By Michael Goldstein
By Dennis Romero
By Sarah Fenske
By Matthew Mullins
By Patrick Range McDonald
By LA Weekly
By Dennis Romero
By Simone Wilson
In the fall of 2003, David Wilson stood behind a podium at the Santa Monica Museum of Art and began what must surely be one of the more curiously riveting lectures in that institution’s history by presenting to the art-savvy audience a cardboard tube wrapped in wire. Admirers of Wilson’s own institution, the Museum of Jurassic Technology, have come to expect the unexpected from its singular director, but few in the crowd were prepared for the peculiar alchemy of this demonstration. Without explanation, Wilson held aloft a small circular magnet and dropped it into the open tube. Confident in the law of gravity, we waited for its thud on the floor — but as if by magic, time appeared to suspend itself. Seconds passed before the disc appeared at the opening below, eliciting a collective gasp from the assembled crowd.
Wilson’s trick, breathtaking even to those who understood the magnetic interactions underlying it, served as an introduction to a lecture on the physicist Michael Faraday, by way of the moon and several other suitably Jurassic digressions. Though Faraday has not been the subject of a Jurassic exhibition, his spirit hangs over the enterprise; he is its unofficial patron saint. That connection was implicitly acknowledged in Lawrence Weschler’s delightfully offbeat Jurassic exegesis, Mr. Wilson’s Cabinet of Wonders, which opens with a Faraday quote: “Nothing is too wonderful to be true.” Written in a letter to a friend, Faraday’s epigram expresses at once his winning combination of optimism and enthusiasm and a certain ineluctable, almost perversely unscientific, faith in the miraculous potentials inherent in the natural world.
Glad news it is, then, to fans of the wonderful that Faraday finally has the biography he deserves. In The Electric Life of Michael Faraday, Alan Hirshfeld illuminates, with surpassing grace and a playful spirit, the life and work of the physicist who pioneered the study of magnetism and electricity and laid the foundations for the modern electrical age. Though Faraday has been the subject of many scholarly studies, this is the first book in half a century that brings him into popular gaze. Given the recent fashion for popular science histories, that is surprising, for few scientists have changed the foundations of our thinking so deeply, and fewer still have such romantic personal stories.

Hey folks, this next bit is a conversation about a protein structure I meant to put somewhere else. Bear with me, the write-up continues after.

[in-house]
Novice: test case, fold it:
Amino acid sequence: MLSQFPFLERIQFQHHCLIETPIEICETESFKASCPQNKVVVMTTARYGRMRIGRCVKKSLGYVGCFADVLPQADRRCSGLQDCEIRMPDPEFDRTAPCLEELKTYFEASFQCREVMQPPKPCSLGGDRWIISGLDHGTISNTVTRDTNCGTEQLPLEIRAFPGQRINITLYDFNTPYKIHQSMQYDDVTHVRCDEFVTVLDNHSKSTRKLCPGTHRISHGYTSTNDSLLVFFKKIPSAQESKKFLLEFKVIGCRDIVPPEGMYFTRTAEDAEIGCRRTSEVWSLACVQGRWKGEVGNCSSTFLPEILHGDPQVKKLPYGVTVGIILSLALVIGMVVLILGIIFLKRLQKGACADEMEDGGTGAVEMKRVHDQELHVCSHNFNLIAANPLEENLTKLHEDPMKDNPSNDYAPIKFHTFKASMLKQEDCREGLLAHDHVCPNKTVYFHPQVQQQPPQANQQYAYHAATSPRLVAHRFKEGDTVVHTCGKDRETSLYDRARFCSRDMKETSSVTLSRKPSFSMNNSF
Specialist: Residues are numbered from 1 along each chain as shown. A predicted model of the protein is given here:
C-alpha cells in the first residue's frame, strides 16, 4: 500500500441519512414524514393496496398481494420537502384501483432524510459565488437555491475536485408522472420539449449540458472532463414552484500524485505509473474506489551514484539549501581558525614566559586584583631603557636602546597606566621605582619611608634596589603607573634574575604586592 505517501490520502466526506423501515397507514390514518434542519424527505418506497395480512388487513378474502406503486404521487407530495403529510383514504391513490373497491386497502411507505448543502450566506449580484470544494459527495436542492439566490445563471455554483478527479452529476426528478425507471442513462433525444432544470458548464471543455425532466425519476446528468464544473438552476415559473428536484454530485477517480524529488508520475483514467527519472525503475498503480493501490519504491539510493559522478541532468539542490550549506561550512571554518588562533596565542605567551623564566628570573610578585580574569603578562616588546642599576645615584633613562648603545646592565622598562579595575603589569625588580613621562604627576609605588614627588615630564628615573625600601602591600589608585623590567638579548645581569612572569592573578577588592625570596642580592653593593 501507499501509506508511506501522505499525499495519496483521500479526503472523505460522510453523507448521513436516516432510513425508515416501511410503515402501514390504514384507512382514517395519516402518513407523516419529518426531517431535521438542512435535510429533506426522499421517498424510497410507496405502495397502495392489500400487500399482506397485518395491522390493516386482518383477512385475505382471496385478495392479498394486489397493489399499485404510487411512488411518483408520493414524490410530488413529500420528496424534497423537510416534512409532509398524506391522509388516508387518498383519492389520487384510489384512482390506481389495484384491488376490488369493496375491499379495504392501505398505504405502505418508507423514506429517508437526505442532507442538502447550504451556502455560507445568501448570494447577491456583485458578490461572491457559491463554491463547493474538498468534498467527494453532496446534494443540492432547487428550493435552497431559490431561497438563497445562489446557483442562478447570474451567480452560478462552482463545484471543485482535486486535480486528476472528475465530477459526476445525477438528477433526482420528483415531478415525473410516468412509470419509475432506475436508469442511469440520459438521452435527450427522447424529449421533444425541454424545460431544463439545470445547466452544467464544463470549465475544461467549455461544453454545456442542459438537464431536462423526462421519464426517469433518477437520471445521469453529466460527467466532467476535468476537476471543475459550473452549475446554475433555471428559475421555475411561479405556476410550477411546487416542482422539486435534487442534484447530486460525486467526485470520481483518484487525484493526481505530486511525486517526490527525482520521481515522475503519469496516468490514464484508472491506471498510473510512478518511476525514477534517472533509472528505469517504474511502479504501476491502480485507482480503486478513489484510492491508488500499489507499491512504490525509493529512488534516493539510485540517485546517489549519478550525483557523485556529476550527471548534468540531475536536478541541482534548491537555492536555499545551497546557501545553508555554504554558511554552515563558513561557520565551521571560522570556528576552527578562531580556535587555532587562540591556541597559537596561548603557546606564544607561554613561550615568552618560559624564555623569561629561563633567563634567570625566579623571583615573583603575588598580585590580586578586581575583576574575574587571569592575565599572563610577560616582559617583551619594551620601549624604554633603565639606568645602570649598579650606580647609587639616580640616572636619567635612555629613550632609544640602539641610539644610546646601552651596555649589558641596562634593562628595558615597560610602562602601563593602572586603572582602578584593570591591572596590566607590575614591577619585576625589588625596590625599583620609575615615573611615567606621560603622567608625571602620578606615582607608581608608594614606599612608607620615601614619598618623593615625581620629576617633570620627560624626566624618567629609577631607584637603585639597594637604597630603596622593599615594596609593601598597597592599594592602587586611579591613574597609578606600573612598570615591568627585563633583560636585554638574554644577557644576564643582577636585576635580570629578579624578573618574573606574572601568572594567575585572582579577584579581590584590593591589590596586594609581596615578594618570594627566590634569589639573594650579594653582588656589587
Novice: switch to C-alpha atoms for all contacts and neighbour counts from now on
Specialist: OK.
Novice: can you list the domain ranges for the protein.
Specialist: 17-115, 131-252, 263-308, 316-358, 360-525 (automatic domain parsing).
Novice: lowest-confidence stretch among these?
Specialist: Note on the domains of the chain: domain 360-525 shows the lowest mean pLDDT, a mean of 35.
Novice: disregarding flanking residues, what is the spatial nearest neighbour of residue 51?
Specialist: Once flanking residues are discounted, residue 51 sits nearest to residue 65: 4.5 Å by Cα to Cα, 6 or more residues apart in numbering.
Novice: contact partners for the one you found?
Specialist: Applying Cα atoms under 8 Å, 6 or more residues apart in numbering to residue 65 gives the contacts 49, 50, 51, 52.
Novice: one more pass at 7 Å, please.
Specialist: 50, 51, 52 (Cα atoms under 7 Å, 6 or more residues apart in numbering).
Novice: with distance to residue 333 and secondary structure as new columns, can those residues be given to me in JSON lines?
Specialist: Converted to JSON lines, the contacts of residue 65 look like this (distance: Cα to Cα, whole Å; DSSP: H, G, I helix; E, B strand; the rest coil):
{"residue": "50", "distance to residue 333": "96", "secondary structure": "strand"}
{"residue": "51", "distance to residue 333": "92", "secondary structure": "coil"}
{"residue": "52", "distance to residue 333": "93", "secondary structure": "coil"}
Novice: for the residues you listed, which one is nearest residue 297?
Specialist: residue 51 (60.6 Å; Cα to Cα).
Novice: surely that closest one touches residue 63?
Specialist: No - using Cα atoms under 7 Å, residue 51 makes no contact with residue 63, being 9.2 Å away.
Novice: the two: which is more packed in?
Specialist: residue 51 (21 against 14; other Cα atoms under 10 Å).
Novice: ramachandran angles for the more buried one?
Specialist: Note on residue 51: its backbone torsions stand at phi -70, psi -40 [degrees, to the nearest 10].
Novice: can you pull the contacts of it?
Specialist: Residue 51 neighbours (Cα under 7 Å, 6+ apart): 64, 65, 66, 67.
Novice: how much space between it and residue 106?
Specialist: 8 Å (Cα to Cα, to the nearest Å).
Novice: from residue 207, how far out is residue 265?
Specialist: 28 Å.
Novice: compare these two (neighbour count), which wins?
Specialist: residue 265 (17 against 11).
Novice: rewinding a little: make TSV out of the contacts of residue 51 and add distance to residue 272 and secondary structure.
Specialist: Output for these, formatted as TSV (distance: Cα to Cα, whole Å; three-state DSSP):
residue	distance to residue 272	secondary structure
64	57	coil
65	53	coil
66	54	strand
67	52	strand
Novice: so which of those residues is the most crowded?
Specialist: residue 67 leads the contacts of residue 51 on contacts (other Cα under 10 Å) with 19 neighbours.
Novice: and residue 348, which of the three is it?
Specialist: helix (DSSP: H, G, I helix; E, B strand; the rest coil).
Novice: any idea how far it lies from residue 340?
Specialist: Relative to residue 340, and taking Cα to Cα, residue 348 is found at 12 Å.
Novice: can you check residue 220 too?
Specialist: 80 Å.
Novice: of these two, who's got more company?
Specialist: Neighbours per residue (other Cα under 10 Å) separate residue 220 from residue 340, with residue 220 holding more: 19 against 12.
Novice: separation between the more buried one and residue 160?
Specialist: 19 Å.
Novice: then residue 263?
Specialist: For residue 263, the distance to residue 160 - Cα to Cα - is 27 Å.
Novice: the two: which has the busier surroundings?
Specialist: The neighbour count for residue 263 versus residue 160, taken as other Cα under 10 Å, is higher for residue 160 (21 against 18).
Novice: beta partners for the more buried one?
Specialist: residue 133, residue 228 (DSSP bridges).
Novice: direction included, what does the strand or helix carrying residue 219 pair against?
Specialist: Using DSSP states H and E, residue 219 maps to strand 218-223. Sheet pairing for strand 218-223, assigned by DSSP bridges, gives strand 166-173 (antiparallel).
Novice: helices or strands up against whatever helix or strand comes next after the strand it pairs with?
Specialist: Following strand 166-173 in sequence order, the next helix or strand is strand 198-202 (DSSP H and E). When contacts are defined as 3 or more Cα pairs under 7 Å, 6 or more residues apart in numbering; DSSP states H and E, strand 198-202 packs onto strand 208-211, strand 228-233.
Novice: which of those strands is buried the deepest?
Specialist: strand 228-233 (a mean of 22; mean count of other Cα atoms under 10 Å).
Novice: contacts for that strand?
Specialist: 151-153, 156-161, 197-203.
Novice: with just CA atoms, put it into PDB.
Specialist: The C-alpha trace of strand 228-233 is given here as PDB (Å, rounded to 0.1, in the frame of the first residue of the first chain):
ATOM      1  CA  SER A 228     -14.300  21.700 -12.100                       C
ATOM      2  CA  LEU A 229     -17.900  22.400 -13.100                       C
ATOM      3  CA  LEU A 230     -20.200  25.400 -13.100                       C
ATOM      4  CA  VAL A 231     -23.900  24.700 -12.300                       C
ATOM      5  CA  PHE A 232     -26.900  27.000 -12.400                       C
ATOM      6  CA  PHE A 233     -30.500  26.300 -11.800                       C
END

Born into poverty in the village of Newington, England, in 1791, Faraday is sometimes known as the Cinderella of science. Apprenticed to a bookbinder at the age of 14, he had no reason to believe the doors of science would ever be open to the likes of him. It was serendipity that brought the muse to his door. In 1810, Faraday was given the task of binding volumes of the Encyclopaedia Britannica, wherein he discovered an article on the then-new subject of electricity. Written by the first Scotsman to ascend in a hot-air balloon, the article alluded to competing views about the nature of electrical “fluids” and went on to propose the author’s own highly fanciful ideas about the subject. As Hirshfeld tells us, the piece “electrified” Faraday and set him on a path that would ultimately revolutionize the science of physics.
But how was Michael Faraday, an unknown nobody with no university education, to enter the hallowed world of scientific research? The only possible answer was unremitting hard work. He began as a bottle washer in the laboratory of the age’s scientific superstar, Humphry Davy, himself a child of the provincial middle class. Davy also had risen by force of his innate genius — that and his unique talent for showmanship. As Hirshfeld writes, London at the time “bubbled with scientific and pseudoscientific spectacles . . . On any given night, audiences could thrill to lightning bolts at the Theater of Science on Pall Mall; watch the guillotined ‘head’ of the great French chemist Antoine Laurent Lavoisier materialize from the mists of the Phantasmagoria at the Lyceum; or witness hair-raising fulminations of the ‘devil’s element,’ phosphorus, at the Royal Institution on Albemarle Street.”
In the theater of science, Davy was the star performer, and fashionable London flocked to the Royal Institution to hear his spectacular lectures. Gunpowder explosions, dazzling carbon arcs of light, chemical displays of color, electric-pen drawings and giant sparks were all part of the proceedings, each dished up with lashings of Davy’s trademark Byronic prose: “Not content with what is found upon the surface of the earth,” he once rhapsodized about chemistry, “[man] has penetrated into her bosom, and has even searched the bottom of the ocean for the purpose of allaying the restlessness of his desires.” Among his regular audience was the proto-hippie poet-prince Samuel Taylor Coleridge, who attended Davy’s lectures, Hirshfeld writes, whenever he needed “to renew his stock of metaphors.”
There was no way a simple soul like Faraday, a lifelong member of an obscure Protestant sect known as the Sandemanians, could compete with the giantism of a man like Davy. But gradually Faraday’s scientific achievements began to outshine his mentor’s. In 1821, he demonstrated how a wire carrying an electric current could be made to revolve around a magnet. In effect, he had created the precursor to the electric motors now found in everything from automobiles to hair dryers. In 1831, Faraday achieved the opposite effect, showing how spinning a metal plate within the poles of a magnet could generate an electric current. Asked by then–Prime Minister Robert Peel what use the new device might be, Faraday supposedly replied, “I know not, but I wager that one day your government will tax it.” Faraday’s dynamo is the model on which electric power has been generated ever since.
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